Noah Baumbach’s The Squid and the Whale owes to its title the oft-featured exhibit at New York’s Museum of Natural History depicting the two sea creatures in the midst of battle. There in a suspended, jarringly life-size diorama, clasped to the ridge of a sperm whale’s mouth, a giant squid protrudes like a bulbous tumor.
Like everything else in the dysfunctional family at the center of the movie, in Baumbach’s film, it’s cancerous.
Set in Park Slope, Brooklyn in the 1980s The Squid and the Whale opens on a tennis court. “Me and dad against you and mom,” the elder son Walt (Jesse Eisenberg) elects, setting the stage for what becomes a too-earnest battle.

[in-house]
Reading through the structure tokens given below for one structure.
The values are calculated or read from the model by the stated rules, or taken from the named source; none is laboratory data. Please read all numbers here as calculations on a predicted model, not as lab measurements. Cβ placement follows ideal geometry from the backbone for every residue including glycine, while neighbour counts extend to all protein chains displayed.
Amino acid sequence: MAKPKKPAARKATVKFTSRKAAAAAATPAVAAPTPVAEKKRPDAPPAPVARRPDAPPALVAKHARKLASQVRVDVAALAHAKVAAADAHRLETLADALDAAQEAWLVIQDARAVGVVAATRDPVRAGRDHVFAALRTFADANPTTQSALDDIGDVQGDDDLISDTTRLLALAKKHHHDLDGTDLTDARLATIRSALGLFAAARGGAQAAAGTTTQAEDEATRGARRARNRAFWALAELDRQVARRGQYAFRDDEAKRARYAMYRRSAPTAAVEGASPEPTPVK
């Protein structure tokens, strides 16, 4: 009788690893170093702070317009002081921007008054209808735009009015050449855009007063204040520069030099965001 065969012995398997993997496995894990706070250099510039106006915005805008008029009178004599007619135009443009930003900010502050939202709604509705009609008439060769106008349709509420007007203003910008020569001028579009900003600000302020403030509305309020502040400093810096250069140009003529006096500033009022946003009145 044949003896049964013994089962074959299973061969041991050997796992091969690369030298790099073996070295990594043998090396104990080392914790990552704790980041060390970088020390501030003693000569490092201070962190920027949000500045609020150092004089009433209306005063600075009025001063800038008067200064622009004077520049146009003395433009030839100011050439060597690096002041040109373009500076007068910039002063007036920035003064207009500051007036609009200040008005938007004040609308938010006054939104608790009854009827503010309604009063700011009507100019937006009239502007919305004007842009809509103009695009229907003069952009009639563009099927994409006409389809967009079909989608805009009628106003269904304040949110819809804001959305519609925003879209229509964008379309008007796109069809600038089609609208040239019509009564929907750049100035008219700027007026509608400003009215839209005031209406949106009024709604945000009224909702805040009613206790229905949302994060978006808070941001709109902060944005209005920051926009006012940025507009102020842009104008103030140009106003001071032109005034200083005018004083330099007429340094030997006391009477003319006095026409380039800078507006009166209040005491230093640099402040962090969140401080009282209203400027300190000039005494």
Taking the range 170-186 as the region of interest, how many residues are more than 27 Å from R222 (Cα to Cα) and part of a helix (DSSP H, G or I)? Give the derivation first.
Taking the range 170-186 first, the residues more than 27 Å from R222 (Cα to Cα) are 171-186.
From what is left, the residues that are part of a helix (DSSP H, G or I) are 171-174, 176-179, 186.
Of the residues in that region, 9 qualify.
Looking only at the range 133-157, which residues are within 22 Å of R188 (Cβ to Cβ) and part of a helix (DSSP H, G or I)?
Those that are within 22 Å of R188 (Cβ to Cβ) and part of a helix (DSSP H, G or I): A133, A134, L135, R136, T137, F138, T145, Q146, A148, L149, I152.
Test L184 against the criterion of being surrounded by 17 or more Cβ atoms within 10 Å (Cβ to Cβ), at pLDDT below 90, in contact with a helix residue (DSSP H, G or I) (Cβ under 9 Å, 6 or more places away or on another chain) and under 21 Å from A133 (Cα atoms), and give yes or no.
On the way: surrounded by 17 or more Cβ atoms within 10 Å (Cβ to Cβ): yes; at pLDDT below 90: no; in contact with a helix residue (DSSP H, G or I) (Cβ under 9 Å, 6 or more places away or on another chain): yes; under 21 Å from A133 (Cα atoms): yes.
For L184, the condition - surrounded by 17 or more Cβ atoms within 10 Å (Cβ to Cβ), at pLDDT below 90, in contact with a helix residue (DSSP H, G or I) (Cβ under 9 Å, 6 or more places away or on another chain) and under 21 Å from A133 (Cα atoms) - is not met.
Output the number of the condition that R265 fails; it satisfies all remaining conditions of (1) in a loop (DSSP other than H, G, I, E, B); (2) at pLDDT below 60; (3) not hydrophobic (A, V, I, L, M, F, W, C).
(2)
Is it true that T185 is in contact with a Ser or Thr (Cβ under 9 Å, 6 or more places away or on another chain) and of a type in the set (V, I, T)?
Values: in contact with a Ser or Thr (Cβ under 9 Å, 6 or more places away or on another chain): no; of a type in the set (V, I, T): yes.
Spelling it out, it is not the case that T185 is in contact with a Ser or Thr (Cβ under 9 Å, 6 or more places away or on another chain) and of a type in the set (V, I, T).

A few groundstrokes and a forehand slam to the wife’s chest later, Bernard (Jeff Daniels) has won the match and alienated his family. His wife Joan (Laura Linney) drops her racquet in disgust as Bernard stands motionless, half-exulted, half-guilty. Back at home in their elegant brownstone, the Berkmans talk over dinner.
Walt, a sixteen-year-old with literary pretensions, tells his parents about what he’s reading in English class. Bernard bristles at the suggestion of A Tale of Two Cities and regards his son dismissively. “Minor Dickens,” he exclaims.